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A new stamp issue honouring New Zealand's 22 Victoria Cross holders is to be issued without the country's best-known living war hero.
NZ Post will launch the Victoria Cross - the New Zealand Story, a series of 22, 60c stamps, on April 14.
Every VC winner from Captain Charles Heaphy, who fought in the New Zealand Wars, to Sergeant James Allen Ward, who fought in World War II, will be pictured.
But Corporal Willie Apiata will be represented on his stamp by his medal.
New Zealand Defence Force medals policy adviser Jack Hayes said Corporal Apiata did not want his face to be used.
"Corporal Apiata, VC, was involved in early discussions about the stamp issue, and while supportive of honouring those who have been awarded the VC in the past, he felt it was not appropriate for his image to be on a postage stamp at this stage.
"He, like all New Zealanders, is indebted to the bravery of those whose exploits are celebrated on these stamps."
The Herald understands the Special Air Service soldier was uncomfortable being recognised along with the other VC soldiers, who are all dead whereas he is still living.
Apiata was awarded a VC in 2007 - the first in 60 years - for rescuing an injured colleague while under fire in Afghanistan.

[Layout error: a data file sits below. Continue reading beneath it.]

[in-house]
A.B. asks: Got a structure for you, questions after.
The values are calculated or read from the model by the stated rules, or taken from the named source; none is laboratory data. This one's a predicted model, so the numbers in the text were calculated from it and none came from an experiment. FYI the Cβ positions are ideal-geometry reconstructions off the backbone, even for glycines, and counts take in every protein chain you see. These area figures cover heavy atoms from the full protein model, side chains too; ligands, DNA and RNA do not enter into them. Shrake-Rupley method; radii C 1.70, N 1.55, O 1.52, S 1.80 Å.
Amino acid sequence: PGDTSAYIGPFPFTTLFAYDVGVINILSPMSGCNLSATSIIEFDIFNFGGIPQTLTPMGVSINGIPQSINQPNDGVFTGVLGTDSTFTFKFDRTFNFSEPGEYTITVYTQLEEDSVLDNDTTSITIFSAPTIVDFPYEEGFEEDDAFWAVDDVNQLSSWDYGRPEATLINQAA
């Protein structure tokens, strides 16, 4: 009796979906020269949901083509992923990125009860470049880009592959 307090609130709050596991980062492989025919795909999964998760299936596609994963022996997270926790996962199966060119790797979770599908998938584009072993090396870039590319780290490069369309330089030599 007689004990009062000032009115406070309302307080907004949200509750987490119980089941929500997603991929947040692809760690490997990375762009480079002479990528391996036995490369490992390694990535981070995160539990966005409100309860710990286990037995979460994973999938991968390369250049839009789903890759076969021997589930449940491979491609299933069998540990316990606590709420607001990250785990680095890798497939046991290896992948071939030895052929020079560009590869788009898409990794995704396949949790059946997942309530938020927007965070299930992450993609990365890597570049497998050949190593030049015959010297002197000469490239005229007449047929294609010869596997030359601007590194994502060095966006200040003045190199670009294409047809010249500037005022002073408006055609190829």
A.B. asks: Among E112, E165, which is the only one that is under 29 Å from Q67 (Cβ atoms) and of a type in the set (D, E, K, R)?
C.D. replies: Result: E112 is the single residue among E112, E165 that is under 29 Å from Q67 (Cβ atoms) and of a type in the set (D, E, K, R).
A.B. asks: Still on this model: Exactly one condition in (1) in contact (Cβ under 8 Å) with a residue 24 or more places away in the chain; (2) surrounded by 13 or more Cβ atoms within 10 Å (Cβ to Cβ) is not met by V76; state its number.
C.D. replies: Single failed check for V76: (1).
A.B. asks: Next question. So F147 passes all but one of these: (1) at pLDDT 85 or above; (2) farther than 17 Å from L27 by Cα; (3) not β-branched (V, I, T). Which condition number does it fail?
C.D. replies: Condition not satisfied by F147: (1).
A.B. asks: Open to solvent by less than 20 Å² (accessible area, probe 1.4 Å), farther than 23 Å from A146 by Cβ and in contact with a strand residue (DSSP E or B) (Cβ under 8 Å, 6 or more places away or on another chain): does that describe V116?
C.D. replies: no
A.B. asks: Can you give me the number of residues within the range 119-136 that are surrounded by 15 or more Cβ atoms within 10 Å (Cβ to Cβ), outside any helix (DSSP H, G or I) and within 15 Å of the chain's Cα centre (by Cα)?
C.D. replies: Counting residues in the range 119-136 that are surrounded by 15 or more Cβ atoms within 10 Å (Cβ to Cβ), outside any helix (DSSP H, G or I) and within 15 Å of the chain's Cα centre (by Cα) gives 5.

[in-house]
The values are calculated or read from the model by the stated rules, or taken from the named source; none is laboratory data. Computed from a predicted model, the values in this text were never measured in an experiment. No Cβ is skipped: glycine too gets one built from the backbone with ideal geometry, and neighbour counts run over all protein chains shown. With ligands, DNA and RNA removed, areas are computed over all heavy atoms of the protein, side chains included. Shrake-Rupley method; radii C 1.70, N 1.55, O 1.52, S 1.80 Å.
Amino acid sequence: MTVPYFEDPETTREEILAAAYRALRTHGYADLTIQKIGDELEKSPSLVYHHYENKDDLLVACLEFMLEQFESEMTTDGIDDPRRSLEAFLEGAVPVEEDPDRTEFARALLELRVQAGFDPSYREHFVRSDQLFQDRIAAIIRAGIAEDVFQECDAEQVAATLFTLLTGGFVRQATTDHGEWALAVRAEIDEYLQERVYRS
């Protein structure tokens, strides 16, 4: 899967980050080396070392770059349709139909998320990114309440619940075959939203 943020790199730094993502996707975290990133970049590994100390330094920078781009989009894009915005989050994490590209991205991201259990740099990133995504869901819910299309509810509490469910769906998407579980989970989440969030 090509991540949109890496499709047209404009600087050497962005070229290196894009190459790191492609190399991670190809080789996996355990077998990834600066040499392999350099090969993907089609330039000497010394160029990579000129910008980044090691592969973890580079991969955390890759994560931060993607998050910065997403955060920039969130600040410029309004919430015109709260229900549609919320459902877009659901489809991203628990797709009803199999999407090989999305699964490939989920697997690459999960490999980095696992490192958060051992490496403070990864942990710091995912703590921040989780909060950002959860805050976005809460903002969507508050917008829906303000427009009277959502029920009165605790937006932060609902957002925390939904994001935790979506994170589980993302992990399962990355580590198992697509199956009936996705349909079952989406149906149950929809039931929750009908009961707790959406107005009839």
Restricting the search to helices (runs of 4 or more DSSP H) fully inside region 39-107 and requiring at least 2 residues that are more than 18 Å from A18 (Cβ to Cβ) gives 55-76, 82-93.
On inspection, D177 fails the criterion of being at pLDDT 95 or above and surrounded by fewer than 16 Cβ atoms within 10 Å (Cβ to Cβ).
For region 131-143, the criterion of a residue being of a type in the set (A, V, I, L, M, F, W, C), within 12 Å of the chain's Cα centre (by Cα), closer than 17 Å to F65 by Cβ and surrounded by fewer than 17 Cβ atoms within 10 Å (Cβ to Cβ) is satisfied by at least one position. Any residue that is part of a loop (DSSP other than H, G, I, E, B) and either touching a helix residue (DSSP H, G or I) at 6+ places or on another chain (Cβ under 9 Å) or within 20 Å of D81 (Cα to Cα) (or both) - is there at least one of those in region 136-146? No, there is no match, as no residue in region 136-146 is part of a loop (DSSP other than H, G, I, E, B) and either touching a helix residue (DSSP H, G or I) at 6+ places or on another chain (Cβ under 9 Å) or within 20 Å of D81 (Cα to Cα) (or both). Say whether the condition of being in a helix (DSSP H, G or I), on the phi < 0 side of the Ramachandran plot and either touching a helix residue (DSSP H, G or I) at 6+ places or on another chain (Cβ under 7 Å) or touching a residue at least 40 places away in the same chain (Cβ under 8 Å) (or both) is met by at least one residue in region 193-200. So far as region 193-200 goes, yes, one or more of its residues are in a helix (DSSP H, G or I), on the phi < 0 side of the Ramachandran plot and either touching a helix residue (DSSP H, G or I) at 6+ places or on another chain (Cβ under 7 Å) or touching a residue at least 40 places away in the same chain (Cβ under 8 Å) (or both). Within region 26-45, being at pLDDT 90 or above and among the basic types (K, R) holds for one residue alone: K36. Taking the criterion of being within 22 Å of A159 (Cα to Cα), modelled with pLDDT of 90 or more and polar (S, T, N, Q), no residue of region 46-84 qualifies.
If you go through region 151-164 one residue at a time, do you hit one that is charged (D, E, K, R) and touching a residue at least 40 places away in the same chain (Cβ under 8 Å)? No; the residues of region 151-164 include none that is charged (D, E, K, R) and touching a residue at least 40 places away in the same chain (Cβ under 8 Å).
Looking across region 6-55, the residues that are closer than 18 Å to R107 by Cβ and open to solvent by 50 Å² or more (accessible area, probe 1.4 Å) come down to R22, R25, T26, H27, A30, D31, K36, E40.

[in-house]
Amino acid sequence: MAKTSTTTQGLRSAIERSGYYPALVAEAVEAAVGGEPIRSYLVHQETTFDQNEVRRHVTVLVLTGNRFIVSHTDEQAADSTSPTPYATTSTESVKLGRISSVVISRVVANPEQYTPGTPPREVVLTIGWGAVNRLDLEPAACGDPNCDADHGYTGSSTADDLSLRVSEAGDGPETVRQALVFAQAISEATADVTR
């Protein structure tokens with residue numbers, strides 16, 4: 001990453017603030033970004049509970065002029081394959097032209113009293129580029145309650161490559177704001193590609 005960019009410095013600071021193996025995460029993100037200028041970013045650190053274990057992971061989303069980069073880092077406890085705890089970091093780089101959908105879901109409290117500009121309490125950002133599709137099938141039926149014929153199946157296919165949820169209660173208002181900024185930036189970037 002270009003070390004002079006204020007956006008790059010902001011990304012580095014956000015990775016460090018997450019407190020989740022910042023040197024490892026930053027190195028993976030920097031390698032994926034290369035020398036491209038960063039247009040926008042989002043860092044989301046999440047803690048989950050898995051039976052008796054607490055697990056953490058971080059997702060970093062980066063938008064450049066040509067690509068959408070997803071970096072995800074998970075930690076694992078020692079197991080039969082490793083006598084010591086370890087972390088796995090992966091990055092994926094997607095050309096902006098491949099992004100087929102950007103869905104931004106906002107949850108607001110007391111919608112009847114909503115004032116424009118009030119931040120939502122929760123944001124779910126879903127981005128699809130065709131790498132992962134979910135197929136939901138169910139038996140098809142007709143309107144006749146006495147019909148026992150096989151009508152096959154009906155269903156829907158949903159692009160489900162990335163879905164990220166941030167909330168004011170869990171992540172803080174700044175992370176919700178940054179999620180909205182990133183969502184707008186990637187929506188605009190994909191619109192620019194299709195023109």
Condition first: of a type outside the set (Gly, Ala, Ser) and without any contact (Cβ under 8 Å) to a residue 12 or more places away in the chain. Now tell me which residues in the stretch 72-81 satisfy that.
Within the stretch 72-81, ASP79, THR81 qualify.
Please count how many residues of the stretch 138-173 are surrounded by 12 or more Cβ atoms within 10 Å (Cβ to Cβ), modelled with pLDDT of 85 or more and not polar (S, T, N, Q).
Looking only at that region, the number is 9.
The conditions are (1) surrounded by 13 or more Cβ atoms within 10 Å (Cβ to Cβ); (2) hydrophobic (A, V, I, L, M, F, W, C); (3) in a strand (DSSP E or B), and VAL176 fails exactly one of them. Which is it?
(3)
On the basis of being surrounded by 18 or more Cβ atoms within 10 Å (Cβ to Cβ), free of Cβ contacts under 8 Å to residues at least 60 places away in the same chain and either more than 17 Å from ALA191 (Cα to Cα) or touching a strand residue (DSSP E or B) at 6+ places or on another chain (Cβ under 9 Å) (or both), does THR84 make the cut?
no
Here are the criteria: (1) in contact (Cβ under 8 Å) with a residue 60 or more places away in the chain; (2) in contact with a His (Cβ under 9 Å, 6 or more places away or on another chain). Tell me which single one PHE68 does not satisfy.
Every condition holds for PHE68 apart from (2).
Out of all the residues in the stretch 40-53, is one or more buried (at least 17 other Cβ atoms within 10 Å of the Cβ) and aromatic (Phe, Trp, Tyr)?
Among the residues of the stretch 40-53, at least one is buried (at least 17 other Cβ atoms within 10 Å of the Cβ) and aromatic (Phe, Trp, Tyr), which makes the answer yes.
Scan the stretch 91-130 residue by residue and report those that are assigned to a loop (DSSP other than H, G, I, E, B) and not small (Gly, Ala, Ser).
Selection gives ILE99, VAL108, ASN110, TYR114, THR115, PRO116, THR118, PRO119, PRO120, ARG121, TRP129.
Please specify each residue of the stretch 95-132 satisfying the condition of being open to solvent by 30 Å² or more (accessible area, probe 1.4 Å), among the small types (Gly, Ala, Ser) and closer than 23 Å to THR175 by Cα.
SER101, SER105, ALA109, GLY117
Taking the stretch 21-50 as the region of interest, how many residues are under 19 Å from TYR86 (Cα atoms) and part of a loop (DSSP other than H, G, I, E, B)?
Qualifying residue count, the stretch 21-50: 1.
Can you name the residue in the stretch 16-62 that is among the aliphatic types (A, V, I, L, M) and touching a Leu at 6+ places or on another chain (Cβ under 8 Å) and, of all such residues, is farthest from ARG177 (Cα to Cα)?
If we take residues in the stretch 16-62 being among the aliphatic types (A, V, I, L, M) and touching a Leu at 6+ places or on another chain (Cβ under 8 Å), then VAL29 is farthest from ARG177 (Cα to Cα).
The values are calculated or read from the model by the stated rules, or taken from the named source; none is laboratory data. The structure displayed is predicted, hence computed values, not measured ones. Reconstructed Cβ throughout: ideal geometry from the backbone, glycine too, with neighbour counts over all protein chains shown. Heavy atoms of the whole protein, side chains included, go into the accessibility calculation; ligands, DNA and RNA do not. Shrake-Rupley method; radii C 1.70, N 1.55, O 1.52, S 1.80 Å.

A book outlining each soldier's bravery will also be published.
Meanwhile, NZ Post is also moving to use the spelling "Whanganui" in its business. The "Wh" spelling is being used in datestamps applied by the agency's collectibles centre in Whanganui/Wanganui, spokesman Keith FitzPatrick said.
In 2009, after months of public debate about changing the spelling of Wanganui to Whanganui, Land Information Minister Maurice Williamson said both forms could be used officially.
Neither name has been gazetted, so organisations are free to use whichever they prefer.
Mr Williamson said at the time that he expected Crown agencies to move to "Wh" over time. A minor law change required for this is expected this year.